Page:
The governing New Patriotic Party (NPP) has confirmed Mrs Ophelia Hayford as their Parliamentary Candidate for the Mfantseman Constituency of the Central Region for the upcoming December 7 elections.
The decision was taken by the party’s National Executive Committee (NEC) at its meeting on Sunday, October 18 2020, in line with Article 12 of the NPP’s Constitution.
In a statement, the Party’s General Secretary, said Mrs Hayford “had been a strong pillar in the political life of her late husband.”
The party added that following “extensive consultations with all stakeholders including the constituents of Mfantseman”, it believes their choice is “a step in the right direction”.
It must be recalled that this is not the first time the NPP has chosen the widow of a deceased MP as their preferred candidate for an election.
The practice follows a similar incident in the Ayawaso West Wuogon Constituency, where Lydia Seyram Alhassan was selected to represent the NPP in a by-election following the death of his husband and the then MP, the late Emmanuel Boakye Agyarko.
The latest action by the NPP has got some Ghanaians criticising the party for the political expediency involved in their attempt to capture political power to the detriment of the welfare of the families in question.
Speaking on Citi FM/TV’s ‘The Big Issue’, Yaw Oppong, a private legal practitioner vehemently opposed the practice of political parties fielding the widows of deceased MPs to win elections based on ‘sympathy vote’.
He said “usually the women are brought in for convenience sake and subsequently they are removed by some means” adding that should not be the case.
“They should not be brought for the sake of convenience. Women should win elections by their own abilities and competence and not only by sympathy”.
On his part, Renowned Political Science Lecturer at the University of Ghana (UG), Prof Yaw Gyampo, has said the practice of fielding the widows of deceased MPs by political parties just to win elections “amounts to a sheer political convenience that extols the dogmas of partisan selfishness, and disregards the interest of widows and surviving children.”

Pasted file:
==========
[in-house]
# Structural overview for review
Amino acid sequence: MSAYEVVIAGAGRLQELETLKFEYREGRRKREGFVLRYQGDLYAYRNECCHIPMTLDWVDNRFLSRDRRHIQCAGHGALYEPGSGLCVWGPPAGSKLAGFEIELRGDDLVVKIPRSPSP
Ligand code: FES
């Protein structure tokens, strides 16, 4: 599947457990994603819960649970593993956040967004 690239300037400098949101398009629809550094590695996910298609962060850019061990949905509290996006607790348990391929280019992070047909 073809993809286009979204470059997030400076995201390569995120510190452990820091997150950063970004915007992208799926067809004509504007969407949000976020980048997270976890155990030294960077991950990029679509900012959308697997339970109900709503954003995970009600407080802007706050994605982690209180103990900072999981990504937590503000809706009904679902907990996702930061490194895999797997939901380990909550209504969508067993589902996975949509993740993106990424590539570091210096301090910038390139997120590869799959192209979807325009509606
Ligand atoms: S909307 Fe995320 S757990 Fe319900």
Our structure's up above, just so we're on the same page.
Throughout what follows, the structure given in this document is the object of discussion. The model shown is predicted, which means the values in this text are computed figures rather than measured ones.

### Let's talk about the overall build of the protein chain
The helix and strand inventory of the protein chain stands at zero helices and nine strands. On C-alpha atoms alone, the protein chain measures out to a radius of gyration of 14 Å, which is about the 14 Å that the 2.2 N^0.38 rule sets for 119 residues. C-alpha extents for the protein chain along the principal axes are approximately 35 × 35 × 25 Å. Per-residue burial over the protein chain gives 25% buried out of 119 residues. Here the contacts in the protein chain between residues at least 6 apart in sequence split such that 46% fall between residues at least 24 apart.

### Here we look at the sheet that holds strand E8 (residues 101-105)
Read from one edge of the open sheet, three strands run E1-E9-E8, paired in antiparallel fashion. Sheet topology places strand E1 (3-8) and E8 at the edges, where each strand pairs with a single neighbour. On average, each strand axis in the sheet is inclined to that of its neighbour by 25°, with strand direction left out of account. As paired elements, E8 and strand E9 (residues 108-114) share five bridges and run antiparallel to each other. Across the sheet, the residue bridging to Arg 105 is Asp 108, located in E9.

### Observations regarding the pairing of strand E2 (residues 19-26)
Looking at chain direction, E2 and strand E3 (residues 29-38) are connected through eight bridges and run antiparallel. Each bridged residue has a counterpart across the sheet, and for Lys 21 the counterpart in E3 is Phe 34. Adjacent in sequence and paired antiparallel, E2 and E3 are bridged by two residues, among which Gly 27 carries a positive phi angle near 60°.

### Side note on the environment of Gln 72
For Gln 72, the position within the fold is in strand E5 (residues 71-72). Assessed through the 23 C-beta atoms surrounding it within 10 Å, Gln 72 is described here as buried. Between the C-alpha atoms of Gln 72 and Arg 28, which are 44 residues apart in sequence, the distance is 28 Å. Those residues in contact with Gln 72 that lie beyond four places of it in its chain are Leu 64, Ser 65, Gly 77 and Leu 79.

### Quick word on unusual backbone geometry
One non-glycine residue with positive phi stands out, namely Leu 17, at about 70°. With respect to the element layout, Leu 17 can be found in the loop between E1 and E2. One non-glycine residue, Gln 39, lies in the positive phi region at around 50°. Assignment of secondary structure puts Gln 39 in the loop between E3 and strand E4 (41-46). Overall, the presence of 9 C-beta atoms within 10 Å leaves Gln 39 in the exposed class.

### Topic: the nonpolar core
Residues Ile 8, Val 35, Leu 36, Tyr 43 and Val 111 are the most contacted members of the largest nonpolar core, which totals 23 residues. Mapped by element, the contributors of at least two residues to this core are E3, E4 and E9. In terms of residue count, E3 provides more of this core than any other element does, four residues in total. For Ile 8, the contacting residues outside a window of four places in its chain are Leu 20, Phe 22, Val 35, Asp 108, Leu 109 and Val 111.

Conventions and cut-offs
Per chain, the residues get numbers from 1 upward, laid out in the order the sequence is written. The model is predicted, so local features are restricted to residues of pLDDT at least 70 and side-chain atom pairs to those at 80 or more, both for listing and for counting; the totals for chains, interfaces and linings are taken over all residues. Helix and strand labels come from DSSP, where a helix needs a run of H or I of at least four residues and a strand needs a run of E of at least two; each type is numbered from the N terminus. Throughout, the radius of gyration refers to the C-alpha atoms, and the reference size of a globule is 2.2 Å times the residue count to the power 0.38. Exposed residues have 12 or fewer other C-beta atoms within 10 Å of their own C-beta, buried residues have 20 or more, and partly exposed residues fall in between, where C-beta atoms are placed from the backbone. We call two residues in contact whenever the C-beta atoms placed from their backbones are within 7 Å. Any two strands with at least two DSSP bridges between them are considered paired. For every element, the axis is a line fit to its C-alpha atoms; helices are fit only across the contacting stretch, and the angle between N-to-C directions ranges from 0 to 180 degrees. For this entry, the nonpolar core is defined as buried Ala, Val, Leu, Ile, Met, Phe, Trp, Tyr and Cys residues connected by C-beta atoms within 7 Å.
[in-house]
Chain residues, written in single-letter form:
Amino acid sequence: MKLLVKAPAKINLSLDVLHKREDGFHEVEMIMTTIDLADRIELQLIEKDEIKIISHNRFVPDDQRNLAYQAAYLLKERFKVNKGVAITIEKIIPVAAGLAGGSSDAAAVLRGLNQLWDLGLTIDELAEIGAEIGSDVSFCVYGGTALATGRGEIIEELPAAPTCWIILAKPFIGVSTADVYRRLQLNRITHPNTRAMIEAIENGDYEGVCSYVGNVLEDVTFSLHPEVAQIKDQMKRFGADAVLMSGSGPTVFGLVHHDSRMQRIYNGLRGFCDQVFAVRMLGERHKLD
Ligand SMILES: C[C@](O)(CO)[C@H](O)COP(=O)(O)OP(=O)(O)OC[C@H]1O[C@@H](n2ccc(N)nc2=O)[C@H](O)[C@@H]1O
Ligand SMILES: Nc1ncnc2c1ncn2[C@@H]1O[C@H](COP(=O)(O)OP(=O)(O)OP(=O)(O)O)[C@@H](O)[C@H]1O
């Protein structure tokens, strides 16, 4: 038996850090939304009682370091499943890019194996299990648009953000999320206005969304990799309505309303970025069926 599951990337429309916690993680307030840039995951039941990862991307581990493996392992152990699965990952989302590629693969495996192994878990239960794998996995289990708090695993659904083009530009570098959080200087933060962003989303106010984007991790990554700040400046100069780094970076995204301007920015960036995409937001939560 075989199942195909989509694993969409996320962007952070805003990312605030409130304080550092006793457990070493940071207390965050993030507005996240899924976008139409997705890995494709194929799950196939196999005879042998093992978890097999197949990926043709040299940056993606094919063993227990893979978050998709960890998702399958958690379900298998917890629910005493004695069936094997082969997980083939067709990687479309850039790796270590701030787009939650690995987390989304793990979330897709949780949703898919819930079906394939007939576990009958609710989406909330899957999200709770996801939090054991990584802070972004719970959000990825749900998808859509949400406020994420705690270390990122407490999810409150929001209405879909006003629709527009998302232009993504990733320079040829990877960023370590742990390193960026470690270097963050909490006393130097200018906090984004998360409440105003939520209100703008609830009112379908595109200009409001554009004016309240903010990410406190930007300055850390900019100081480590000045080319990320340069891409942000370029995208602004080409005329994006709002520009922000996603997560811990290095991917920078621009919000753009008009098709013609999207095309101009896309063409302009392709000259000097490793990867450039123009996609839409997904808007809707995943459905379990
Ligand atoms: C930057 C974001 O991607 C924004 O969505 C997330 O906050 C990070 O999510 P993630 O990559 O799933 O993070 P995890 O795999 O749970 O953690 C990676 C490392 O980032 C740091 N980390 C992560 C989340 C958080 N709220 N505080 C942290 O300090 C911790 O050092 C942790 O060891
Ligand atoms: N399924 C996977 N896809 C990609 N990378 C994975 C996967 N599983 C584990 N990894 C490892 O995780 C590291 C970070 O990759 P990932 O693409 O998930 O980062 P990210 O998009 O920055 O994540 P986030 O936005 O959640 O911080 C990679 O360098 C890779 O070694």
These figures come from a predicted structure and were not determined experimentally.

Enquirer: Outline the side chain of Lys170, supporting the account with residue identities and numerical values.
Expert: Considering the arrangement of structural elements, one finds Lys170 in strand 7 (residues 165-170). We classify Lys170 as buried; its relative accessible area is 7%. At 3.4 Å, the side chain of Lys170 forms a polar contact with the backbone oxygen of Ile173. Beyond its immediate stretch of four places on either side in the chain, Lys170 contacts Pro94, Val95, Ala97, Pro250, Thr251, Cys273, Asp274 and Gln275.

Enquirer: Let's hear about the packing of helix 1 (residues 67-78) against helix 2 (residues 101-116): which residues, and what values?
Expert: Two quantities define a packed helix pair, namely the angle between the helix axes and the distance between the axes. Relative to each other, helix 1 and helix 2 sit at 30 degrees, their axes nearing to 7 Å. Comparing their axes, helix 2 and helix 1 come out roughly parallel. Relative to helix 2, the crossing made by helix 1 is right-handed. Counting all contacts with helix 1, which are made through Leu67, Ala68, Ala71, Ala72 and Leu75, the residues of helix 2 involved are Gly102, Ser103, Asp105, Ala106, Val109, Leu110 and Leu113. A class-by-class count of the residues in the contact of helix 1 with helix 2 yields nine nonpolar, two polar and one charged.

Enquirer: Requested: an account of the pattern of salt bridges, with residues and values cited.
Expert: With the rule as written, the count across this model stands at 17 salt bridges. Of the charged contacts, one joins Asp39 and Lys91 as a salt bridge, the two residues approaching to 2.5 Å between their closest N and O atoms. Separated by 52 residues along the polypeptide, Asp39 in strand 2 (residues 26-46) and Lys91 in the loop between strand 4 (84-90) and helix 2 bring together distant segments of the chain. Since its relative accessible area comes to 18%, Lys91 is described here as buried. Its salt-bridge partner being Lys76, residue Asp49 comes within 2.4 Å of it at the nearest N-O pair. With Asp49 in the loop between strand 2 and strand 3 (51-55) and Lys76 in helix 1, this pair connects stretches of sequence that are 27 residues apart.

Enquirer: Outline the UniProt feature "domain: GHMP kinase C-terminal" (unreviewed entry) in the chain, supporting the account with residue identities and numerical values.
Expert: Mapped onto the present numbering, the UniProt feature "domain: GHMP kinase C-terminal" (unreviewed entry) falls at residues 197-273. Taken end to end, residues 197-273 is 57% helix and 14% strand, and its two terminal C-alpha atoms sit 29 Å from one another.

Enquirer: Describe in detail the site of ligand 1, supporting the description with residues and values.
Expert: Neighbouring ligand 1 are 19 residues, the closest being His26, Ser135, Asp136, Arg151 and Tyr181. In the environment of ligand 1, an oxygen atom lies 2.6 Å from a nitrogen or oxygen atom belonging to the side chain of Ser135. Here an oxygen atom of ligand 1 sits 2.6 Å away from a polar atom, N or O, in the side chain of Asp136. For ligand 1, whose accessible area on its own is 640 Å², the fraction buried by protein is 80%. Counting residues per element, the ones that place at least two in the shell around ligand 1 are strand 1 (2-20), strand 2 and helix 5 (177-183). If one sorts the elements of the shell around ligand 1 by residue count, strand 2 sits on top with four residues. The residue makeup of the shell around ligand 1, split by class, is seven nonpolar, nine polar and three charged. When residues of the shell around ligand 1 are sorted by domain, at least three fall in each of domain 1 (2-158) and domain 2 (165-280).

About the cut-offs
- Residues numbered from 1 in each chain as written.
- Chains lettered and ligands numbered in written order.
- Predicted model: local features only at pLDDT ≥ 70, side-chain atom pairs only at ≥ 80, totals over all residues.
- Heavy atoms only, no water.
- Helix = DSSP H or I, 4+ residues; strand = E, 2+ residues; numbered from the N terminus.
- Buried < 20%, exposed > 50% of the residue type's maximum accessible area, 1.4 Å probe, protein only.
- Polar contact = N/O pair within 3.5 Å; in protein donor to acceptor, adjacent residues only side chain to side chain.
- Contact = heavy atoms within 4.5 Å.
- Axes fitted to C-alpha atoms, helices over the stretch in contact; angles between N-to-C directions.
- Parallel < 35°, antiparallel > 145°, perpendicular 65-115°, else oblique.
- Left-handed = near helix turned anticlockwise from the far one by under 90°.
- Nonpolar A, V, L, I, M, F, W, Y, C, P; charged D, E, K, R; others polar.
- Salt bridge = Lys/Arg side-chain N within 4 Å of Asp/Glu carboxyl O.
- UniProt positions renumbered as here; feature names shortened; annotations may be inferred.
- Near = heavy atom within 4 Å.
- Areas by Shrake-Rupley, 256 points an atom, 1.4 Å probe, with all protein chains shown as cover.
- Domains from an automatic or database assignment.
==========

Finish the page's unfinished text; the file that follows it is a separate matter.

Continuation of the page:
“It also sacrifices our culture and customary protocols for political expedience. Widows and family members who go through such experience, are denied the rite of mourning their loved ones, just because a group of people need a certain parliamentary seat at all cost,” he added.
Prof Gyampo noted that “the widow, is being made to sacrifice her job as Police Officer, for a non-Ketu-South-like seat, that she can easily win in 2020 because of sympathy, but cannot be guaranteed victory beyond the victory.”
“Will the party take care of her and the children, when she loses her seat and no longer has a job with the Police Service?” he queried.
He sounded a caution to political parties in the country not to endanger the country’s infantile democracy by setting bad precedents in their choices for Parliamentary Candidates in such unfortunate situations.
“We must be in the know that, the practice of asking widows to replace their dead husbands in parliament, may be dangerous and soon undermine quality representation, particularly, if the only driving force to push a certain segment of the citizenry to parliament, is the loss of their spouse.”
He continued “as we grow our democracy, the quest for political power must not usher us into a regime of sacrificing timeless principles, institutions, rules, customs and traditions for political expediencies”.